12th September 2001

War crimes accused Anton Gecas dies in Edinburgh

Anton Gecas, born Antanas Gecevicius, had been a commander in the Lithuanian army when the Second World War began. When Germany invaded his homeland, ending an existing Russian occupation, he joined the German army and, according to many accounts, took part in the liquidation of ghettos in both Lithuania and Belarus.

Wartime action

The Independent of 17 July 1992 reported that “Gecas joined a Lithuanian police battalion as a lieutenant in charge of a platoon. The 12th battalion was used by the Germans to kill thousands of Lithuanian Jews – taken from ghettos in cities and from small towns and villages to be shot. By autumn 1941, when there were few Jews left in Lithuania, the battalion and others were taken by the Germans to do a similar job in German-occupied Byelorussia (now Belarus).”

He was dispatched to Italy in the second half of the war but, when American forces took Italy and Italy switched its allegiance and declared war on Germany, Gecas did likewise. In 1946, with the conflict over, he moved to Scotland, and worked initially as an engineer in coal mining before opening a guest house in Edinburgh.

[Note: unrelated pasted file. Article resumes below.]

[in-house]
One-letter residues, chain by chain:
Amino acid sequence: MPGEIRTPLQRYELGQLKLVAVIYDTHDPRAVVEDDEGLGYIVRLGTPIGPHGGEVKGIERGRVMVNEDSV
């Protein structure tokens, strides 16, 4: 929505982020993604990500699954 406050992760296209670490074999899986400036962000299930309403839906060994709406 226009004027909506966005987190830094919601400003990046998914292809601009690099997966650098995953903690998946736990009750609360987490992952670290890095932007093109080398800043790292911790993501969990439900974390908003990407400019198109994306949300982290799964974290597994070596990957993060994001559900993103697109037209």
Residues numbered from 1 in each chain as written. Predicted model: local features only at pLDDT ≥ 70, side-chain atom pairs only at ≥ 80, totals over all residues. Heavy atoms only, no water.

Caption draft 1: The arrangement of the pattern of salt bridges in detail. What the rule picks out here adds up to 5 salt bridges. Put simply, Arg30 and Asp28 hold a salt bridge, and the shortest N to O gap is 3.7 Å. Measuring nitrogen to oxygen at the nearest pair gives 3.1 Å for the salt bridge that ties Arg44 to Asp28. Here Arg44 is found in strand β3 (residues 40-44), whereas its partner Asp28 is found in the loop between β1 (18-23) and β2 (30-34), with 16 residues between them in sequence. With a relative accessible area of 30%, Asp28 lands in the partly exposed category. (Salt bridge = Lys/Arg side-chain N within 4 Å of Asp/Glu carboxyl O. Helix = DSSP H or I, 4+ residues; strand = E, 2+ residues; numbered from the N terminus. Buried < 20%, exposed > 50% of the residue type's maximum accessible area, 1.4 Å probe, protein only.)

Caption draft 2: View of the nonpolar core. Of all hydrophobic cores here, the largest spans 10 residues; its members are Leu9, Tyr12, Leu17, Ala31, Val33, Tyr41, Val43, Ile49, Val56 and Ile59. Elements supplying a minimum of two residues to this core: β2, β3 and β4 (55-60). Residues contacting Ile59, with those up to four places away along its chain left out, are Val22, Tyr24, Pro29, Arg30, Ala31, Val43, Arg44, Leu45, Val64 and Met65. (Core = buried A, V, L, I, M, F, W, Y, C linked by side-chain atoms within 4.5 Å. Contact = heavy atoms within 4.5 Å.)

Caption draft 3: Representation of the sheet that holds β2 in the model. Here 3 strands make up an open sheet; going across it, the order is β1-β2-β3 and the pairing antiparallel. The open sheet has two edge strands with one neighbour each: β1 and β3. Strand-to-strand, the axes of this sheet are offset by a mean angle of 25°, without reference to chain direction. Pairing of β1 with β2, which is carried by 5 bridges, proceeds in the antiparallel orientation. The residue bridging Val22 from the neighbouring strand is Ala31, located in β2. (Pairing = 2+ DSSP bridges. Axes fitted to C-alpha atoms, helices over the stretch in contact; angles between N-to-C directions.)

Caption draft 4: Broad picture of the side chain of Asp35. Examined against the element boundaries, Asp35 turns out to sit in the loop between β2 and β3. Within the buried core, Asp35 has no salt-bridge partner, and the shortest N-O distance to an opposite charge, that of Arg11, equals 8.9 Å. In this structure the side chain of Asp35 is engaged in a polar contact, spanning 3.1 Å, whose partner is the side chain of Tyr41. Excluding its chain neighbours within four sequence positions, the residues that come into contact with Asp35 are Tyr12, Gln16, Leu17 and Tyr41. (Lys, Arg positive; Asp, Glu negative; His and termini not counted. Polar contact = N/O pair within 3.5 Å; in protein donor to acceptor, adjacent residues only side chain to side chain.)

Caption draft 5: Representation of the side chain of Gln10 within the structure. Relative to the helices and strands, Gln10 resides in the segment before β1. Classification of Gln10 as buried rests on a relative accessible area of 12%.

Legal proceedings

Although he changed his allegiance late on, Gecas couldn’t shrug off his previous activities. In 1987, Scottish Television reported that he had taken part in killing civilians in Lithuania during that country’s Nazi occupation. Gecas attempted to sue Scottish Television, but lost, with the judge, Lord Milligan, saying in the Court of Session in Edinburgh, that he was satisfied Gecas had committed war crimes.

“ Lord Milligan found the account of events given by Mr Gecas ’not only incredible but, I regret to have to say, absurd’, reported The Herald on 18 July 1992, which continued that Milligan “was satisfied that Scottish Television had acted in all good faith and had taken reasonable steps to check the truth of the material it used.”

The Guardian, recalling the action on 28 February 2001, noted that “he admitted to being involved in six incidents in which soldiers shot civilians, but claimed he was outside the area of the murders. The trial judge, Lord Milligan, said he was “clearly satisfied” he was a war criminal.”

Extradition request

The Guardian report followed a January 2001 request by the Lithuanian government for Gecas’ extradition. A Scottish court issued a warrant for his arrest six months later, with a 28 July report, again from The Guardian, outlining that “he is accused of involvement in the murder of 32,000 civilians and has been charged with 13 crimes in Lithuania. Mr Gecas maintains his innocence of the charges and has vowed to fight the extradition procedures through the Scottish courts”.

Gecas had suffered a stroke and was in hospital when the warrant for his arrest was issued. He died before he could stand trial.



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